The Conflict around the world in June 2017 Report reveals that the insurgent group Boko Haram stepped up deadly attacks in Nigeria and Cameroon, and communal violence spike in central Mali. In Egypt, the authorities hardened against opposition voices while Syrian regime forces and their allies are likely to come into more direct confrontation with the U.S.-led coalition in July as the two sides compete to seize territory from the Islamic State (ISIS).
A Saudi Arabia-led bloc severed diplomatic ties with Qatar accusing it, inter alia, of supporting Islamist groups. While in East Asia, relations between China and Japan, locked in a dispute over islands in the East China Sea, took a positive turn, particularly when they agreed to launch an air and maritime contact mechanism.
In Colombia, in a significant step forward in implementing the peace agreement, the Revolutionary Armed Forces of Colombia (FARC) completed the handover of their weapons.
Boko Haram in Nigeria and Cameroon
In northeast Nigeria’s Borno state, Boko Haram orchestrated a series of attacks, including on army vehicles and villages, leaving at least 80 civilians dead. In one attack on 18 June, five female suicide bombers killed twelve people in Kofa village near Maiduguri. Meanwhile, north-south tensions deepened over Biafran separatist agitation, and new legislation on cattle grazing in Benue and Taraba states aggravated farmer-herder tensions.
As Crisis Group recently observed, unless the government pursues nationwide comprehensive reforms, including on citizens’ rights, corruption, transparency and accountability, its gains in subduing Boko Haram will be short-lived and Nigeria risks even more deadly violence.
Boko Haram attacks against civilians and security forces also rose in Cameroon’s Far North. Eighteen suicide bombings left at least twenty civilians and two soldiers dead. It is becoming obvious that the government must accompany its security-based approach with efforts to spur socio-economic development and counter religious radicalism.
Communal Violence in Mali
Violence in Mali’s north continued to hinder implementation of the June 2015 peace agreement and communal fighting flared again in the centre. Dogon and Fulani communities clashed in several villages in Mopti region, reportedly leaving 30 dead. As Crisis Group has highlighted, conflicts in central Mali, long neglected by the state, risk becoming a source of protracted instability, absent appropriate action to restore the state’s authority and legitimacy among local communities.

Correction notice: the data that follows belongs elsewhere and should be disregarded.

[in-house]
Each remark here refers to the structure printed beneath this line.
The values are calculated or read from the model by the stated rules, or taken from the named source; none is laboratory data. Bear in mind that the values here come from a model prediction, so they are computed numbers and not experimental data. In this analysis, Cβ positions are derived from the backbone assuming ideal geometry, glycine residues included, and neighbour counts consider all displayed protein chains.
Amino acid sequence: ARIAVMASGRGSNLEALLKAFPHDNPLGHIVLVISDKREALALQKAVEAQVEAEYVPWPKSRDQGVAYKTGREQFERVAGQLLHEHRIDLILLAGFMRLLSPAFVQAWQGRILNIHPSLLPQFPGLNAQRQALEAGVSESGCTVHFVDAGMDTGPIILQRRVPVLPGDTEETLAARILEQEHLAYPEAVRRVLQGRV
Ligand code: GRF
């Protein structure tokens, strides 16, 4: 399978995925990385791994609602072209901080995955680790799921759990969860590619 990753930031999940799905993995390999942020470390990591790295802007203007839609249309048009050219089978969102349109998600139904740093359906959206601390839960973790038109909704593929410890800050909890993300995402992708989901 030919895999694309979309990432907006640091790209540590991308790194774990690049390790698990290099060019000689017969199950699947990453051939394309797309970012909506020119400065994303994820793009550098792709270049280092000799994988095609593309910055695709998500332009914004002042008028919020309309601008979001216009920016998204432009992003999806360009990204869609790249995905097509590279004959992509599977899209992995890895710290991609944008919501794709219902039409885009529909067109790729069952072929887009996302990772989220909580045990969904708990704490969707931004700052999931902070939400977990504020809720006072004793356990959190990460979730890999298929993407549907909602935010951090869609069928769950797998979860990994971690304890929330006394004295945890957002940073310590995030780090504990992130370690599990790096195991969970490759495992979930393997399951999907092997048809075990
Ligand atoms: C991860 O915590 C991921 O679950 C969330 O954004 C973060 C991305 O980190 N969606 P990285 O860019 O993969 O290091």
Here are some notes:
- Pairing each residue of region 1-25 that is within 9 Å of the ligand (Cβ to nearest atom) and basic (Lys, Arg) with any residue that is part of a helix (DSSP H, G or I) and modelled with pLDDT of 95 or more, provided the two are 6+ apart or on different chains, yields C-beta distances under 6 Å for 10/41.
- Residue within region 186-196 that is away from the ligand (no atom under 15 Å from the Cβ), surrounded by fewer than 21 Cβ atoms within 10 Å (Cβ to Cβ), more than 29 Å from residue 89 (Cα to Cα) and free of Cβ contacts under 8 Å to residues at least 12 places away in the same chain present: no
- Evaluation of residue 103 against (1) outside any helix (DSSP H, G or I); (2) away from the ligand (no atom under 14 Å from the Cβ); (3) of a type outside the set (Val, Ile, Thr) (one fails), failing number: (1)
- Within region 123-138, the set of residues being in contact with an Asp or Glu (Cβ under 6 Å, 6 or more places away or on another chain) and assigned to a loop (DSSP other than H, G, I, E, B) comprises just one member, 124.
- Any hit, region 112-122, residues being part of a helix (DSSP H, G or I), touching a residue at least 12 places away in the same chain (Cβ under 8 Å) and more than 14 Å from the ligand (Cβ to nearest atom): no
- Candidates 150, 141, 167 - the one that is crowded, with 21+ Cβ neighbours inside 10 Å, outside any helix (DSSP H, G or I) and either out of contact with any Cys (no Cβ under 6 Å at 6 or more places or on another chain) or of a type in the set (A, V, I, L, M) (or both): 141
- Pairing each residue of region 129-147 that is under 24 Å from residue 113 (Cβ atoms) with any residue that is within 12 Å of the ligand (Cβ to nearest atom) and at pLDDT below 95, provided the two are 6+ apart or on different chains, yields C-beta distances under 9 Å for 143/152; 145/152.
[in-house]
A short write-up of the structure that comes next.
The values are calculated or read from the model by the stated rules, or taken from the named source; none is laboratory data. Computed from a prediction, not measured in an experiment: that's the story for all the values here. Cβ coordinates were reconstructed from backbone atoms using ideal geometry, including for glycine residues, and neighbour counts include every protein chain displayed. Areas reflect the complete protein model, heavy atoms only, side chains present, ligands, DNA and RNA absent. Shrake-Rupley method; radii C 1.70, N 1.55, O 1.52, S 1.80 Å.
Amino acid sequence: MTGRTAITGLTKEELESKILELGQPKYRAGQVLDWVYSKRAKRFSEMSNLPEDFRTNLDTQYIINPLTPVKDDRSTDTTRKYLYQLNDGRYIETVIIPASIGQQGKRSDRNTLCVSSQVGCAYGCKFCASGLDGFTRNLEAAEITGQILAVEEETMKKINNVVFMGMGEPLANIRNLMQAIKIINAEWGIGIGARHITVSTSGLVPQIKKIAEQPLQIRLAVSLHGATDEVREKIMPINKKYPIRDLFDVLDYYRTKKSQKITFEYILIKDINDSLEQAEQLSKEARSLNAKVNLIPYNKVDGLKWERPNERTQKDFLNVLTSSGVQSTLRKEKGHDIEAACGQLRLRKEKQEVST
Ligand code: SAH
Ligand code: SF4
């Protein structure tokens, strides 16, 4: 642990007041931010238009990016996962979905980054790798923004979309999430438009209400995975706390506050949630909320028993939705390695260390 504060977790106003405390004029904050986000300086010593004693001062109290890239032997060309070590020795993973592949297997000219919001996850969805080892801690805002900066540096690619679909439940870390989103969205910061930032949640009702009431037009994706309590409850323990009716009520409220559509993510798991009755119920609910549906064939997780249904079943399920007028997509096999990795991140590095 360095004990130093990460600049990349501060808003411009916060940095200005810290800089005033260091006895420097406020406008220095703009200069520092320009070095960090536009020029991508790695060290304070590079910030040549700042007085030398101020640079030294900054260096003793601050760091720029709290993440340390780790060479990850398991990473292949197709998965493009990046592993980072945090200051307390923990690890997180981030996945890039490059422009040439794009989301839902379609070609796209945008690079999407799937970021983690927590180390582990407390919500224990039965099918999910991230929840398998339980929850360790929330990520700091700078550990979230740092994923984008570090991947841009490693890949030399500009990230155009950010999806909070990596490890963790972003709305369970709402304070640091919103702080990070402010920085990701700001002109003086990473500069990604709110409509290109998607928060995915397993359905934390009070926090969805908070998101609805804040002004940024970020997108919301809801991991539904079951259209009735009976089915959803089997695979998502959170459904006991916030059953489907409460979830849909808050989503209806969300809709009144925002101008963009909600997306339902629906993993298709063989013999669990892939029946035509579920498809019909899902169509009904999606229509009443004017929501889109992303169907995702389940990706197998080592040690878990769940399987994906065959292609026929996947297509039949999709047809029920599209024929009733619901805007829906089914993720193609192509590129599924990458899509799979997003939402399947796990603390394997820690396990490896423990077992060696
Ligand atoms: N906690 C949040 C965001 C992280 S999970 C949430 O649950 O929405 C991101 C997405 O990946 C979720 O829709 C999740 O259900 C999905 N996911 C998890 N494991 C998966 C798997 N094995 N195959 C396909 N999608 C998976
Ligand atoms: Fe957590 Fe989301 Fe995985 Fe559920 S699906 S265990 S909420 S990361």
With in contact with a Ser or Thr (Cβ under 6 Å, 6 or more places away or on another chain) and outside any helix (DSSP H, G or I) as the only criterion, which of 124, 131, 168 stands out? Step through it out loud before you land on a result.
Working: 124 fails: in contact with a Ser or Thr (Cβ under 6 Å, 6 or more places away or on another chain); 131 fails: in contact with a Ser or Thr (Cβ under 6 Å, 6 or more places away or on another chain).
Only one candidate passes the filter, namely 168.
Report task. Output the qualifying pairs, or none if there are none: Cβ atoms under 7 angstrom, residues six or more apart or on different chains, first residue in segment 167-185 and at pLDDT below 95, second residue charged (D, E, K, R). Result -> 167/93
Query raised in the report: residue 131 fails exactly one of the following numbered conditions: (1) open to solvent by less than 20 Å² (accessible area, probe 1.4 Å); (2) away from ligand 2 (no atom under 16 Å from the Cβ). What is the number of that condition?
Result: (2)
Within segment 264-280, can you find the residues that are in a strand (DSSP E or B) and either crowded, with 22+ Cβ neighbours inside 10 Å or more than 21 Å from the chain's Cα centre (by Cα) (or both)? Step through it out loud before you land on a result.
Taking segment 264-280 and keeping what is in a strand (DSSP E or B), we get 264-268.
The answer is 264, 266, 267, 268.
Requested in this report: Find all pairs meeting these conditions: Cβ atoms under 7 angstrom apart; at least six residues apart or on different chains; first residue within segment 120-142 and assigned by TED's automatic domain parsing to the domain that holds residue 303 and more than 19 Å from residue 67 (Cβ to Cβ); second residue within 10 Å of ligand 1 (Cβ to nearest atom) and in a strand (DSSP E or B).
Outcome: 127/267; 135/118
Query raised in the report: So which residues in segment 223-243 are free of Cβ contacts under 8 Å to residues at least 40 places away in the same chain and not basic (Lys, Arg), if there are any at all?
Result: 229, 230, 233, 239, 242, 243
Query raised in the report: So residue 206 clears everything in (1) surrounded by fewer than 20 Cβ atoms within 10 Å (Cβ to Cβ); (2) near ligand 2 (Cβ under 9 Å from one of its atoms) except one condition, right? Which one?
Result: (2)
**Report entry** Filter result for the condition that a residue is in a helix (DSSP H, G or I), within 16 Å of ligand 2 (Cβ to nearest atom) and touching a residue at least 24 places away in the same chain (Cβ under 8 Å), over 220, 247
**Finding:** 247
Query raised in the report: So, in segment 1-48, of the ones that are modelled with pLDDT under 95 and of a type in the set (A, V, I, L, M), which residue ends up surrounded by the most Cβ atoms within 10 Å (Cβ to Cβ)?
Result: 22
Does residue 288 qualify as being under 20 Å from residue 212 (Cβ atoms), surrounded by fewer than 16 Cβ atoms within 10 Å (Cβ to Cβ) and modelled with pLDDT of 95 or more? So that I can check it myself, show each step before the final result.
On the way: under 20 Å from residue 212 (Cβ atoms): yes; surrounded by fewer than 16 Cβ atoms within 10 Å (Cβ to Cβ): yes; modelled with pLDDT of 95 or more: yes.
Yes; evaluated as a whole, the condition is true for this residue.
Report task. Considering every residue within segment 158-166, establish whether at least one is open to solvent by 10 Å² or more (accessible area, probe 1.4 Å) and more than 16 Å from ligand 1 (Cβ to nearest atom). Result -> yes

Syria Civil War Continues
The partial ceasefire in Syria’s west allowed the Assad regime to shift resources to the east, where it is racing against the U.S. and allied forces to capture strategic territory from ISIS. June saw U.S.-backed Kurdish-led forces begin their assault on ISIS’s stronghold in Raqqa. But as Crisis Group has warned, the U.S. and partner forces could come into more direct confrontation with pro-regime forces in July: the U.S. shot down a regime jet on 18 June south-west of Raqqa and carried out several strikes on advancing pro-regime forces. Meanwhile, Turkey deployed troops to the Syrian border amid rumours it may be preparing an offensive against Kurdish-held Afrin in the north west.
Egypt intensify repression
In Egypt, President Sisi exploited protests across the country to intensify repression of the opposition and critical media, arresting seven journalists in Cairo and up to 60 activists nationwide.
Saudi Arabia-led bloc severed diplomatic ties with Qatar
In the wider region, Saudi Arabia, Bahrain, the United Arab Emirates, Egypt and Yemen broke off diplomatic ties and closed transport links with Qatar on 5 June, accusing it of destabilising the region including by supporting Islamist groups and cosying up to Iran. While the crisis may soon prove to have been little more than “a tempest in a teapot”, it is now up to the other small Gulf states like Kuwait or Oman to play a mediating role and help find a face-saving formula for both sides.
China and Japan working to improve relations
June saw a number of indications that China and Japan are working to improve relations and downplay frictions over their East China Sea dispute. At their seventh round of High-Level Consultations on Maritime Affairs in Japan on 29-30 June, the two countries agreed inter alia to launch an air and maritime contact mechanism as soon as possible – as was recommended in Crisis Group’s June 2016 report on preventing clashes in the area.
FARC rebels hand over weapons to the UN
In Colombia, UN monitors reported that FARC rebels had completed the handover of their weapons to the UN mission a day ahead of the 27 June deadline, a vital step in implementing the 2016 peace agreement that ended five decades of conflict. However, FARC dissident groups continue to expand at a local or sub-regional level, mainly in the south and east, and the National Liberation Army (ELN), Colombia’s second guerrilla group, continued to carry out attacks, as its peace negotiations with the government move forward slowly.